Want to Better the World? Try Socially Responsible Investing

Want to Better the World? Try Socially Responsible Investing

Recycling, donating to charity, eating organic, signing petitions—there are many ways you make a difference. But none of them was ever this profitable.

Welcome to socially responsible investing, a growing trend in which investors only buy investments that align with their values.

That way, you can feel good about your money being used for good and not for evil (or gambling, or polluting, or child labor, or ... ).

Nearly one out of every eight dollars managed by professional investors today is involved in socially conscious investing—and every investor is different. That's why, from green funds to "no-cigarettes-or-alcohol-allowed" policies, there's a type of social investing for every persuasion: liberal or conservative, rich or modest means, active or passive.

So if you're ready to get your investments lined up with your life, read on to find out how you can become a socially responsible investor.

Choosing Companies You Respect

At its most basic form, socially responsible investing means making sure you agree with the practices of every company in your portfolio. Hypothetically, if you were the kind of investor who holds individual stocks (and we don't recommend you become one), you would, when choosing stocks, consider the "triple bottom line": people, planet, profit.

That means you would ask yourself not only how profitable the company might be, but also whether it treats employees and the community well, and whether it refrains from polluting or producing dangerous products, among other considerations.

Say you were considering a cigarette company, an oil company and a personal care product company for your portfolio. All things being equal, if you are a socially responsible investor, you would probably go with the personal care product company. However, we don't recommend that LearnVesters invest in individual stocks because it's risky. Anyway, there's a much easier way to get in on this game ...

Our Favorite Way to Consciously Invest

We recommend investors lower their risk and diversify their investments by buying shares in mutual funds or ETFs. And just as there are socially responsible companies, there are mutual funds that invest only in such companies. Many socially conscious funds avoid the trifecta of alcohol, guns and cigarettes. Others invest in companies that are working in green tech and/or alternative energy. There are even funds that will match up to your religion.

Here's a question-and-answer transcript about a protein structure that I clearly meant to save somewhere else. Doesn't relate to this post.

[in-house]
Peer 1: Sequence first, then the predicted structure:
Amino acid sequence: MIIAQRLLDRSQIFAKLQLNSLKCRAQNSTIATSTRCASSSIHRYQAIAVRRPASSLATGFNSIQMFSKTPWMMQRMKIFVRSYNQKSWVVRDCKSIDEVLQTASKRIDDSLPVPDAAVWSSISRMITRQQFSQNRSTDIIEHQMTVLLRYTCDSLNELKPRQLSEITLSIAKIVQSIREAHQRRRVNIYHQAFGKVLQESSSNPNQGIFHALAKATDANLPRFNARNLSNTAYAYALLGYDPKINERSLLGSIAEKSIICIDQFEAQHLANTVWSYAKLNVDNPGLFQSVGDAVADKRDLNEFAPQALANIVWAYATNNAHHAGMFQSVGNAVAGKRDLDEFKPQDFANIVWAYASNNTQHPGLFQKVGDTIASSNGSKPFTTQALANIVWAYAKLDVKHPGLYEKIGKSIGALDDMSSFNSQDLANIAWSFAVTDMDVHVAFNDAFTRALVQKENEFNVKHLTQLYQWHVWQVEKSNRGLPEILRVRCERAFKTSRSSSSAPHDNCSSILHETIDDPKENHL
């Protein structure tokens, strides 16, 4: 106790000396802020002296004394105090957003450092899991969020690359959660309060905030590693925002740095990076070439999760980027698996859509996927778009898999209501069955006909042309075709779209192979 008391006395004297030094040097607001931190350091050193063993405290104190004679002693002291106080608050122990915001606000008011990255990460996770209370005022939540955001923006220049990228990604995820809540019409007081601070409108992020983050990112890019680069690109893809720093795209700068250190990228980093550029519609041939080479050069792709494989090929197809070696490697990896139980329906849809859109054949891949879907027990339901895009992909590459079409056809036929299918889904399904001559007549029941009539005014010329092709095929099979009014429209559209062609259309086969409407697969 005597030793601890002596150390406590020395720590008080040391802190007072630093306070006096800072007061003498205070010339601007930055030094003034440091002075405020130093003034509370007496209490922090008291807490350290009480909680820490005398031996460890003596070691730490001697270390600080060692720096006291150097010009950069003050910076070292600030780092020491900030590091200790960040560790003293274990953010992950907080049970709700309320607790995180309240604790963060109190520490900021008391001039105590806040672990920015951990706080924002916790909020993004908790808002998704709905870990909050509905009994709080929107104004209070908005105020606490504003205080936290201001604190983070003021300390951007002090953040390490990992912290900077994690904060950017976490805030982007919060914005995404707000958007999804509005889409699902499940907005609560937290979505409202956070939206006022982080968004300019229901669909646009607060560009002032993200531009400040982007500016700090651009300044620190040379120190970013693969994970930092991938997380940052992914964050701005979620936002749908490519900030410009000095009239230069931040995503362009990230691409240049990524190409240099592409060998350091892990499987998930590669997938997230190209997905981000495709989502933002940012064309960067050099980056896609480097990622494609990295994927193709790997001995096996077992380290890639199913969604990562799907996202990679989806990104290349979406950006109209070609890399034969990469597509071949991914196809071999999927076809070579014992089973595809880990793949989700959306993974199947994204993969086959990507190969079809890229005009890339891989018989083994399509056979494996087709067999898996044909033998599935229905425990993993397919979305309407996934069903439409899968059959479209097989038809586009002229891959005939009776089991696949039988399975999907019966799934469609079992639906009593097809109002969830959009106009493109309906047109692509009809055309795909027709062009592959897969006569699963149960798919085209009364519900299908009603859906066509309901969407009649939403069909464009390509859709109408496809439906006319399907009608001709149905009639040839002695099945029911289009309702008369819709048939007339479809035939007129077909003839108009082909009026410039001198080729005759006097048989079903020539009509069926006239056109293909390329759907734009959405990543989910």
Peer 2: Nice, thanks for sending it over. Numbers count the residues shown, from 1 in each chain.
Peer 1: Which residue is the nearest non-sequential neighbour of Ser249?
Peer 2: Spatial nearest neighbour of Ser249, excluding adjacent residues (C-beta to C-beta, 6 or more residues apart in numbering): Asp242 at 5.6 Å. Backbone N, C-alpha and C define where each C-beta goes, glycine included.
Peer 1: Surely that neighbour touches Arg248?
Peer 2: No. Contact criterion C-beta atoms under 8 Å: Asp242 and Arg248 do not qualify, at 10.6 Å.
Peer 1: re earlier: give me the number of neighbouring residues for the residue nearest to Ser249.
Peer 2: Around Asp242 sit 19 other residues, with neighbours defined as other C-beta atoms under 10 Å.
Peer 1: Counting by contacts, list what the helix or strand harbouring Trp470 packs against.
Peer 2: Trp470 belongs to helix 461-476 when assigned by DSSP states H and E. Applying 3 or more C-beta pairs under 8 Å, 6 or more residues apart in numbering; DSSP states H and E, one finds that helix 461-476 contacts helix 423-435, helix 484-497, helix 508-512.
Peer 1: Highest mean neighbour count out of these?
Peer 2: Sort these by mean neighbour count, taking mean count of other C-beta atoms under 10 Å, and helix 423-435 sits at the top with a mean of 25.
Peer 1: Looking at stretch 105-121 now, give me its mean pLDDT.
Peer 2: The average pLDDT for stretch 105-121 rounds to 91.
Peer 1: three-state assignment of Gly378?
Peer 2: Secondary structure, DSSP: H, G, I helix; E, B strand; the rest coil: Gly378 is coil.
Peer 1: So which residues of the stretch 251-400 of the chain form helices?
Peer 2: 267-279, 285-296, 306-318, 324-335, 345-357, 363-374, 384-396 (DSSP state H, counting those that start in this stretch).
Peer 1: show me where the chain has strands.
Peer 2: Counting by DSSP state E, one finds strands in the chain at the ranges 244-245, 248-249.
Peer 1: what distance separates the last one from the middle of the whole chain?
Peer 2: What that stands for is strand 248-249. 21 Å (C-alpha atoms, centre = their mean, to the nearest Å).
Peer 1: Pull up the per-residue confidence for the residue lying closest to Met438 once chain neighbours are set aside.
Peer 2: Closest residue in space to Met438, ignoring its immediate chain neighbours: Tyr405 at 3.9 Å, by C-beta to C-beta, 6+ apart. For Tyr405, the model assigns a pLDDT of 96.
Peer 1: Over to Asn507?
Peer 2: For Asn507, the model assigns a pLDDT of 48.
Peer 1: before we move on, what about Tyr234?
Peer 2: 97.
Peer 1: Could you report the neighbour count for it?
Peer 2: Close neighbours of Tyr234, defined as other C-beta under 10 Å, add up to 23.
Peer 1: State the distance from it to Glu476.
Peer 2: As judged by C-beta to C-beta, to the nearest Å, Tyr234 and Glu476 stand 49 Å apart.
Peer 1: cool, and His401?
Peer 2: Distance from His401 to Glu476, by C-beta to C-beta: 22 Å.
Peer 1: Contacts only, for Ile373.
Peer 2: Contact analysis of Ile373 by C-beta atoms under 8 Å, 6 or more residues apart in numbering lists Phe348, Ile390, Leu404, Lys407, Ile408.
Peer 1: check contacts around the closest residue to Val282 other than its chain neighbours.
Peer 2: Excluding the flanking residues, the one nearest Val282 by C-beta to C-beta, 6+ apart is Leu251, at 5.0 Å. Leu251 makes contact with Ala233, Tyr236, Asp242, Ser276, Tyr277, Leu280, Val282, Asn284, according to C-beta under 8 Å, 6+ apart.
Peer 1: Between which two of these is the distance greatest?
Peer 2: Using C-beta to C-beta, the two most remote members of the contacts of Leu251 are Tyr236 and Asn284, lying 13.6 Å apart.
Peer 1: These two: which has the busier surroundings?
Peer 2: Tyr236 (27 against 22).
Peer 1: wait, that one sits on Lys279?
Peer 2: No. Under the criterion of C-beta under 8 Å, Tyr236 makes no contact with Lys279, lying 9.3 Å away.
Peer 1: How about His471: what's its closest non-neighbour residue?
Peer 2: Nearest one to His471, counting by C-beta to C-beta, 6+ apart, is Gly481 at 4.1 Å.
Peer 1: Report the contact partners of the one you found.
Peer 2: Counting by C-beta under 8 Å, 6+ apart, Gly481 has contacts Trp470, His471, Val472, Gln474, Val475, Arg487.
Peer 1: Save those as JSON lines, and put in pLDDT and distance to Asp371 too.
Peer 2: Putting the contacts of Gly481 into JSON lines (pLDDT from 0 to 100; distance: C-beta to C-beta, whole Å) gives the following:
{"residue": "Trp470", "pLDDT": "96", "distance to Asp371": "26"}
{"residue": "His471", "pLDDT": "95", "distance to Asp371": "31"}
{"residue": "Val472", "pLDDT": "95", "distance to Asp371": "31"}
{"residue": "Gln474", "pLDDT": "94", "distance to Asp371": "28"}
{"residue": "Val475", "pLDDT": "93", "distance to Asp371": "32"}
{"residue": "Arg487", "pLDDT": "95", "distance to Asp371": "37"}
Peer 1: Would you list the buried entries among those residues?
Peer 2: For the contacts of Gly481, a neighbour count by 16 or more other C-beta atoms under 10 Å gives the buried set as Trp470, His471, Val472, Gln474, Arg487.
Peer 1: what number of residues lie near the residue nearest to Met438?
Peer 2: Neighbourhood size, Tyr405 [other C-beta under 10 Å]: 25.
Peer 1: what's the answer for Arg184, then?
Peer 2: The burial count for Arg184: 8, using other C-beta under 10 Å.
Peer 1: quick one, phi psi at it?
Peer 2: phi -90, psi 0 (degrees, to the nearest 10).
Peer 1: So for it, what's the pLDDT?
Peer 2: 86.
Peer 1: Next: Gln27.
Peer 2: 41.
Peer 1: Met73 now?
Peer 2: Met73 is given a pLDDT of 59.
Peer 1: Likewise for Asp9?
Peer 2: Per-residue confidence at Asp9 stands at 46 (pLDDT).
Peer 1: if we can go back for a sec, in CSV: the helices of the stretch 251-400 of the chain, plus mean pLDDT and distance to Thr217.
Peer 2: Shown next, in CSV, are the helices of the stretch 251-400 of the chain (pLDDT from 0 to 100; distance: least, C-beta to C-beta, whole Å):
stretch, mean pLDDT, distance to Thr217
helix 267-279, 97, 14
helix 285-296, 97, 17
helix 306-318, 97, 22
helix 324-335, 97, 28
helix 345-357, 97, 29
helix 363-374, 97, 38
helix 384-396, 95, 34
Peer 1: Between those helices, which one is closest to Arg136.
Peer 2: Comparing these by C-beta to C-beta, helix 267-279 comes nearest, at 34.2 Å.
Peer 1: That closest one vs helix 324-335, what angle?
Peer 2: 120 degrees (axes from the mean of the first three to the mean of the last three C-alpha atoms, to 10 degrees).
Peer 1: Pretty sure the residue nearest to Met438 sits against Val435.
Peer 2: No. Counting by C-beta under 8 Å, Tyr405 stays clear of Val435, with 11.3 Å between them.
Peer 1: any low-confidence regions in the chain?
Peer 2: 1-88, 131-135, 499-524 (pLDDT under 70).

If you are investing through a brokerage, you can easily find socially conscious funds listed right alongside conventional funds. And Morningstar, a trusted source on mutual funds, has a lot of information on socially responsible funds and rates them just like others so you can make an informed choice.

What About Performance?

You are probably wondering whether socially responsible funds and companies do as well as their less deliberate counterparts.

One way to measure is by comparing the performance of the KLD 400 Social Index Fund, which tracks 400 socially responsible companies, to the S&P 500. Though past performance doesn't guarantee similar future performance, in the past five years the KLD has actually outperformed the S&P 500. So, investing with an eye toward your values doesn't mean you're giving your money away to charity--it can still be a wise financial move.

A More Exciting Way to Consciously Invest

If your social conscience is more of the protest variety, don't worry, there's a way for you to get involved, too.

Shareholder activism or advocacy is when investors buy stock in a corporation they disagree with, then use their shareholder power to ask for change. While the quickest way to a CEO's heart is by buying massive amounts of shares (like tens of millions of dollars worth), even if you are a shareholder holding only ten shares, you can still make your voice heard.

Every year, corporations hold shareholder events where they share news and respond to questions, and activist shareholders have been known to hold full protests at these meetings, like when shareholders protested BP's oil sands project in 2010. Shareholders also file and vote on resolutions, to attempt to bind the corporation to rules about climate change, political contributions, discrimination, labor issues and more.

Wall Street is often criticized as a pretty heartless place. But as social investing picks up speed, it seems that greed can be good. And all it takes to change the world is a little investing know-how.

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